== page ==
where n = {6,<,( ,C0,a }.
We need
1plI
= 2 m
(1+66Ul)
* (1k1)
+* 2
(1+6Ok)I )
*
t
*
1pl

*2
(1+88pl)
alB(B+2) 2
(1+B)2 t
* 4(1kI)
m  y
t 2 Yt
(1+88k)
al 2
+ d
(+)2 t1
(1+B)
1 0 0 0ko k 0
+ +
SO2 1 1 1k 
(1+6) I 1 0 1 1k1
1 kO l 1Ol
+ ( 
kokI 0 kok1
(1k )(1+BBk ) + )
1 1 (1kl)(1+B8k)
**
+ 0 + ( +
1+ (l+2 B )2
(1+BBUl) (1+B8pl)
S kk1
(1+6+Bk )
1 B ko kkl1
+Bk t 1+ 1 k1 1+B (lk )(1+BBk)
1+Rkl t + T+ + k1
1
1+BBk1 Yt
k k
S0k 1
+ (1 
1+B 1k 1+6Bk
1 1
av
t
w8
av
t
* *
4 k0k1
1 )
2
(1+SBk1)
**
1 k __ k0k1
t 1+e 1+6 
1+BkI lk1 (1lkl) (l+Bak)
1
1+BBk1
*
ko k
S k(1 
l k1 1+BBk1
2
I a 2 d2 + d2
1+a t 1+6 t1
av
a300
avt
ml
Dv
Appendix C
8f
For (3.28) we derive 2
fi1 (1u)
1 1 1
a8 [ i+f3(li)]2
[1+BC1k) 2
af3 (1k )
^ 2
af4 (lkI)
af5 _l_(2+_ )
S (1+)2
af6
as (1+S)2
Jr6
as following
af7 1 10 "
aB (1+)2 1 1[l
Da [P 
*
(1i1)[ l+B(l1) ]2
+ ^ 2
1+P [I1+e(11l) ]
^
Ik 1
lkl
^* *
+ ko 1__ O1
 0 [2
1k (1+6) (1 1[1+8(1u)]
k0k1 +
0k
(1kl)[l+B(1kl)]
^* *
Skk1k
^ ^
(1k1 (1+8Sk1)
* ^ ^ *
110k O0k 1 k k k
[1+(1p)] [1+(1k)]2 1+6(1k) ]2
^ ]2 [ l+ (llkl
af af2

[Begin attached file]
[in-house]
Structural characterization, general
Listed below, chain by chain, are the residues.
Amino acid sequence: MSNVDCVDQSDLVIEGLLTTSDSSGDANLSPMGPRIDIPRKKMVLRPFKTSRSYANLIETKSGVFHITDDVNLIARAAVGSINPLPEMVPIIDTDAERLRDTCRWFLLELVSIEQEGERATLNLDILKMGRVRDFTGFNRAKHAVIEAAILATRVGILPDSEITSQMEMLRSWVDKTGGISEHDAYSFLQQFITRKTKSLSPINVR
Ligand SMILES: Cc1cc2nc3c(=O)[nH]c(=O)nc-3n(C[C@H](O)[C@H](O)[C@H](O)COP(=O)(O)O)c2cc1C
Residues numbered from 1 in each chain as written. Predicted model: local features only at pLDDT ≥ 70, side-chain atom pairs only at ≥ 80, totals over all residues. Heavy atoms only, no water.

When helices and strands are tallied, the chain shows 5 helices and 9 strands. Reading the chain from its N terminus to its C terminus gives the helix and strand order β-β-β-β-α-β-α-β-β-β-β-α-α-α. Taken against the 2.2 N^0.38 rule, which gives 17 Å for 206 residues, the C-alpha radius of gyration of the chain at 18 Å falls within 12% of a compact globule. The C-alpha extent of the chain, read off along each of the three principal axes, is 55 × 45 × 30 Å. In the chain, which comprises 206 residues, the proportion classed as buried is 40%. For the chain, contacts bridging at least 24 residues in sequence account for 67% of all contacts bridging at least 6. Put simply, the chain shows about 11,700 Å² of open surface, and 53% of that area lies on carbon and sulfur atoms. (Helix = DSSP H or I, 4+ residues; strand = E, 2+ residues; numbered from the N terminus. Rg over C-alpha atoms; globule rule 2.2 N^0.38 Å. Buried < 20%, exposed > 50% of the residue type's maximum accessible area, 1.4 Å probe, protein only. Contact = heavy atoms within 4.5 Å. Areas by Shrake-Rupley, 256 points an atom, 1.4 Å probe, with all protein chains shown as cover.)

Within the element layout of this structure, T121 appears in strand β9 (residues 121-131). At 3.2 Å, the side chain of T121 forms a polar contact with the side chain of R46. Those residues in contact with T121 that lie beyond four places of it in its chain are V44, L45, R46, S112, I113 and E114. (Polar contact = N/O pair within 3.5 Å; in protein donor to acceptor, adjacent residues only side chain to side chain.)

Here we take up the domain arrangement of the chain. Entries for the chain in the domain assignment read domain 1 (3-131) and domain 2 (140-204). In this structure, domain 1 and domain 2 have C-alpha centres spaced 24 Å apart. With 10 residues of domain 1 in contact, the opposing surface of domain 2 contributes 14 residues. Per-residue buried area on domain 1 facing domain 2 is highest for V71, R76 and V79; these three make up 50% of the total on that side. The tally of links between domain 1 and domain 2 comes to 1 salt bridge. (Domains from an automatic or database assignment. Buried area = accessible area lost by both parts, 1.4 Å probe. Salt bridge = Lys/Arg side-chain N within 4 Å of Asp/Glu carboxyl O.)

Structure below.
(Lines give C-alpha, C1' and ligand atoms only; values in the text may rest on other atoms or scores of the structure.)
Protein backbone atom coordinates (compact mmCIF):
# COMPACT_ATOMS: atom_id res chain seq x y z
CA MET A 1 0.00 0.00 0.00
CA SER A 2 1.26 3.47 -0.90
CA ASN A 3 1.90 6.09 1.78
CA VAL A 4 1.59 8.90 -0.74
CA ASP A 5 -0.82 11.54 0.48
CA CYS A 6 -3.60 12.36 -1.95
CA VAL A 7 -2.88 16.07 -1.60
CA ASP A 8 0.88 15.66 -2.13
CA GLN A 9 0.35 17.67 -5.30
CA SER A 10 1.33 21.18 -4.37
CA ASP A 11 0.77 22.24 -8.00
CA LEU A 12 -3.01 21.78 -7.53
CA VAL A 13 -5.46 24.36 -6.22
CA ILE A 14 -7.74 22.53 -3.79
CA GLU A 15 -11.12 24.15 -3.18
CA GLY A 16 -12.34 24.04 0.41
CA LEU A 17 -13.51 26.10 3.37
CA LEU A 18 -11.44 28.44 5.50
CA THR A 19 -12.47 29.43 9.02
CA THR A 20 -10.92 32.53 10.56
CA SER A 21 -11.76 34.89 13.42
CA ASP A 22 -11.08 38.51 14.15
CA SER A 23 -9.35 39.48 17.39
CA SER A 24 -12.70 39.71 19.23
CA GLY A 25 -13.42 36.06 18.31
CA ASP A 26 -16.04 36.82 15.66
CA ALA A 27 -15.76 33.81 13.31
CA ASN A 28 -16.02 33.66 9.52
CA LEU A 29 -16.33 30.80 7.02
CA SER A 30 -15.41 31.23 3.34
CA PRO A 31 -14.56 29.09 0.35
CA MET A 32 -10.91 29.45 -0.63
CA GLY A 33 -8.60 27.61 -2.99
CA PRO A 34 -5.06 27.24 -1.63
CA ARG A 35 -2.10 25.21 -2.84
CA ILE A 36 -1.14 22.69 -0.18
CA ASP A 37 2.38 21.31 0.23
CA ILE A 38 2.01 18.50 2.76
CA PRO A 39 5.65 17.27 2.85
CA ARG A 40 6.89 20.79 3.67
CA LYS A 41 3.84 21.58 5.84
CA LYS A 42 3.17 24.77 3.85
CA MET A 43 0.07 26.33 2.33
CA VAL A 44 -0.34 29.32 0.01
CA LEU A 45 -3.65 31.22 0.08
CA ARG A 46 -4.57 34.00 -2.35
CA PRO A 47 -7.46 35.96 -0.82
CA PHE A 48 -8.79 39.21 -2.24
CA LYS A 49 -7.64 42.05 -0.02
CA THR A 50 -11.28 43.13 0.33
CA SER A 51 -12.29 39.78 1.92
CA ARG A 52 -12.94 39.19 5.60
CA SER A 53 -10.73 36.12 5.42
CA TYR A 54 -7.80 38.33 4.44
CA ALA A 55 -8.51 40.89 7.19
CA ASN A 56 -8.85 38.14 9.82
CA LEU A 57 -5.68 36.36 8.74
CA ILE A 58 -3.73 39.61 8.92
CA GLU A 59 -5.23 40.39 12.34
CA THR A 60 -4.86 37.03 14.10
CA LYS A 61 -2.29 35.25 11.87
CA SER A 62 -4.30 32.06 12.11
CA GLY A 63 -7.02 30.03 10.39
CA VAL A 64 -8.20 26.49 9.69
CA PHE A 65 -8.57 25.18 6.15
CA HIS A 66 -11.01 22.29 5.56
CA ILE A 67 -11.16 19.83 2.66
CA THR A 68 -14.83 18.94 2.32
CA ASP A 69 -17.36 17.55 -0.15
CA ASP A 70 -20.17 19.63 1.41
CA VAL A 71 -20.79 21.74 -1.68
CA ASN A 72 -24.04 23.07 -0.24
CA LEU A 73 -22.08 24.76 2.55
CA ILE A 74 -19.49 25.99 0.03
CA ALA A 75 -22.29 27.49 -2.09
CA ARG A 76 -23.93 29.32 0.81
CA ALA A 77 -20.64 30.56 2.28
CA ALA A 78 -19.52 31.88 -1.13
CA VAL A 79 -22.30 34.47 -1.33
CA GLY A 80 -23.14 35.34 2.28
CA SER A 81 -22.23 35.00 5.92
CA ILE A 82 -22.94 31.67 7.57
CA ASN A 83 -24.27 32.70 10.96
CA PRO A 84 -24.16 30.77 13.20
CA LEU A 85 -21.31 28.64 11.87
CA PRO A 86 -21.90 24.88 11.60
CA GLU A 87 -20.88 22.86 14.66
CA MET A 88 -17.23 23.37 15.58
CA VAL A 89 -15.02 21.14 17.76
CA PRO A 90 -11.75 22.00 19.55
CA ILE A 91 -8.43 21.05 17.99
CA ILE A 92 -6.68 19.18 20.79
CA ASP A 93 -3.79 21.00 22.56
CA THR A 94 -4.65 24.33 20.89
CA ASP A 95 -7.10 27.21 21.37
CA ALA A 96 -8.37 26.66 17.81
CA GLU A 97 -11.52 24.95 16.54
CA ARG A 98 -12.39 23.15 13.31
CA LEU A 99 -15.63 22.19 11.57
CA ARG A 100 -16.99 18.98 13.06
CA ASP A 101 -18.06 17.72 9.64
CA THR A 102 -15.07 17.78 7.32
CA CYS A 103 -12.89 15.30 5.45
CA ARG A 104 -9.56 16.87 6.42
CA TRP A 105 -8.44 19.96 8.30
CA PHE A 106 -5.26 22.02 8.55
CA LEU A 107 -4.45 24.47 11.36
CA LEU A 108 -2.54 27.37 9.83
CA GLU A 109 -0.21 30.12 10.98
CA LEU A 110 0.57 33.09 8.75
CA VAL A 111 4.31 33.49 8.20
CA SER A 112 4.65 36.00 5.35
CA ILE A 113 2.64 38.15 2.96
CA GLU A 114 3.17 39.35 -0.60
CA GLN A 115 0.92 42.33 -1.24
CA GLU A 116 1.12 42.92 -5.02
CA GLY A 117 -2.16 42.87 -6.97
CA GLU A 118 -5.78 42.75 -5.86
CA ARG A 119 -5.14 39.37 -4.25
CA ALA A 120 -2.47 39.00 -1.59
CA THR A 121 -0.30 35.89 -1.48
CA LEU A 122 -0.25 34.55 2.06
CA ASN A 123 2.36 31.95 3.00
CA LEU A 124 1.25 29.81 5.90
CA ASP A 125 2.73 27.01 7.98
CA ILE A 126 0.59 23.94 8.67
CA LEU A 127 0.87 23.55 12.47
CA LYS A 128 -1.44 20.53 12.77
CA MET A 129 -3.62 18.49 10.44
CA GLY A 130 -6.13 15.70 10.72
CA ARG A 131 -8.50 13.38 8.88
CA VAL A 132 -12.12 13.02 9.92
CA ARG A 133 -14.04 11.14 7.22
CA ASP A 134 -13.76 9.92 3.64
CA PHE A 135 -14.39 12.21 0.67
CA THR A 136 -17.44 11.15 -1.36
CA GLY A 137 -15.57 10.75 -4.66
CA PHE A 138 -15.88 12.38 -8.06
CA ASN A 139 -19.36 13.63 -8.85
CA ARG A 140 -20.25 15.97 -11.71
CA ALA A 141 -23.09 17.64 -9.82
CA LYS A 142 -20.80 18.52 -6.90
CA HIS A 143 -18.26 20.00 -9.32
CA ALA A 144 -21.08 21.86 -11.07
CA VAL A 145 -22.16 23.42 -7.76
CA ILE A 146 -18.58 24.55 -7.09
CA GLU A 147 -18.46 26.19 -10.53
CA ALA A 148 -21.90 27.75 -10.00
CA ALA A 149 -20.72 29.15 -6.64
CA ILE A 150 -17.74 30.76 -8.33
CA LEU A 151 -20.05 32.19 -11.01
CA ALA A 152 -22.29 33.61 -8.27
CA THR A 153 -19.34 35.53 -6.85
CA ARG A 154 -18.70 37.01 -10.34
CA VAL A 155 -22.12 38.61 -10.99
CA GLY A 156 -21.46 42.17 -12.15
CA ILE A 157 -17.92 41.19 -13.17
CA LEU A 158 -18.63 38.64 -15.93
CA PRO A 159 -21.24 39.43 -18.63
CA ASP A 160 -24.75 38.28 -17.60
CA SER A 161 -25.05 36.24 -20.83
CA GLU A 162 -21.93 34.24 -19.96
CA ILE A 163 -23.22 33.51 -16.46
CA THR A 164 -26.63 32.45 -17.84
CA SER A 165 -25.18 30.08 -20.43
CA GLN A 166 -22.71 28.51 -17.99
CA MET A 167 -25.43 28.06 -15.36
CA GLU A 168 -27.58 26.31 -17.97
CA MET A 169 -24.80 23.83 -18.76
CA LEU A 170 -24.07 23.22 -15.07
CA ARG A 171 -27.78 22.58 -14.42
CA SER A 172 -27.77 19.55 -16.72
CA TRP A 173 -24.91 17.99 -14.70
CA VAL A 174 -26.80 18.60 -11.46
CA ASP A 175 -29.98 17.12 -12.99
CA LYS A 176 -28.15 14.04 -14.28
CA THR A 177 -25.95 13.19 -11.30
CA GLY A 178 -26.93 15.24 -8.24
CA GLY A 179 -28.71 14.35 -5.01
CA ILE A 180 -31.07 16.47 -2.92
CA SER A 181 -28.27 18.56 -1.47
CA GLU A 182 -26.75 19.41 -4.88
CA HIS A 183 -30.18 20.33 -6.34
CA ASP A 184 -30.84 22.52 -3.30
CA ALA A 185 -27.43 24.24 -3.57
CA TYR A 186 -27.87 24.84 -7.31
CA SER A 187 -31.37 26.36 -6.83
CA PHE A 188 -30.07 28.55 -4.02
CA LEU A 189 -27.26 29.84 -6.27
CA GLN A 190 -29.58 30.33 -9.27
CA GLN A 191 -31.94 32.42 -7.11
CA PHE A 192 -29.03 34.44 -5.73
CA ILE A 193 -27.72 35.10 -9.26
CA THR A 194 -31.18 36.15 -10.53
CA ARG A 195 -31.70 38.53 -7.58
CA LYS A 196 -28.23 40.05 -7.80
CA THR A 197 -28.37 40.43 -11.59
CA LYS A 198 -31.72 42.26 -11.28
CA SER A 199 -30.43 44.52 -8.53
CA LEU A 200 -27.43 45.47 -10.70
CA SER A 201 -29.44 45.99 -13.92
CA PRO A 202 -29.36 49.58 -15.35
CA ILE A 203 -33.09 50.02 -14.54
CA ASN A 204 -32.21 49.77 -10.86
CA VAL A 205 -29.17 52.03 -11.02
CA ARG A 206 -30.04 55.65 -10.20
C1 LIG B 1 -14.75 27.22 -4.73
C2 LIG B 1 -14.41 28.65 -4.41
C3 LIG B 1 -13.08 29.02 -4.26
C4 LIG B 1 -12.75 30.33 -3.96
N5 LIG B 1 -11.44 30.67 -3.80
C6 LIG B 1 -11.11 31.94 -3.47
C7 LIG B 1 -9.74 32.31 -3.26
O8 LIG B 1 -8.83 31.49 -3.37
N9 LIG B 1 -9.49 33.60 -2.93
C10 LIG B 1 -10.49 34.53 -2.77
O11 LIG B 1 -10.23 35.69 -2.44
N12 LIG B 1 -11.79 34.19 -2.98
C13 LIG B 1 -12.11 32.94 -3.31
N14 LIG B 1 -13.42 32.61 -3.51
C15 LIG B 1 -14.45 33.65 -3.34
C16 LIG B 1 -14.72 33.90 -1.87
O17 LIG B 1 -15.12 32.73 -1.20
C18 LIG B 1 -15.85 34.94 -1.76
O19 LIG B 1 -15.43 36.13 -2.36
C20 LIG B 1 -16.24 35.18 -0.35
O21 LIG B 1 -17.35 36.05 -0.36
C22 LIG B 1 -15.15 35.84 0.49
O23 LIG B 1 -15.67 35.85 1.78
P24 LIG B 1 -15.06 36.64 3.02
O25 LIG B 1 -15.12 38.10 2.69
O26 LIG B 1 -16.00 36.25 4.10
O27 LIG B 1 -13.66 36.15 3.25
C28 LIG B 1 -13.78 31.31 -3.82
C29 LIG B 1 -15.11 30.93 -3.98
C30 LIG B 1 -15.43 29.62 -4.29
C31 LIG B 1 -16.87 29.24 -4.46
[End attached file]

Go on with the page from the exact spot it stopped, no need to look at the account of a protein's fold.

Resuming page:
1 2
af 
af3
af7
afl
af 4
3({
af7
03f
0
af4 af af6
4 = = T = 6
p ( (( 0
1
1+B(1k1)
A
ak
= ^ (1
(l+8)(lk1)
af2 af3
2 3
w*
1
1+8(1kI)
af
~*
*<(
^ *
Sk
(1 
(1+8)(lkI)
af2
2
T0
0
8f 3 f
3 4
0 0
k
^ )
1+B(1k1)
af
 0
*>
k
af5 af6
 5 6T
0 0
af7
7
5 a_ B
0
af2
1
af af 9f
3 4 6
1 1 1
8f
7
=  = 0
1
af
5 6
1 1+8
afl
1
APPENDIX D
From equation (2.19) we know
b (s ,6 )
F(st'tM Nt) = e(stM,N) b t t
x tt
The forward rate formulation is
EtQt+
t t where
where
U (s') '
EtQti + U (s)
x
M
t
Nt+l
6U (s )t+
x t+1 t+l
Et U(s)TM
x t t
t+l1
t E t
t
t
()
t+1
M
t
M
t+1
t+l
Et
a 1a
t+1 t+l t
Et E n M
t t t+1
Et Q =
U (s')n' N
y ) f(u lt tu t) dutdu dut
U (s) f Itu2t' 4t it 2t 4t
y t+1
(DI)
f(ultu2t'u3t) dultdU2tdu3t
(D2)
0 (s ) I
=E y t+1 t+1
 USE
U (s )v
y tt
(t+1)
= E ( t
5t
nt)
nt+l
t+l1
= E5 ()
Et
a a1
n, N
t t
>()
t+ N
t+l t+1
From (2.14)
Ult = Int+l tln t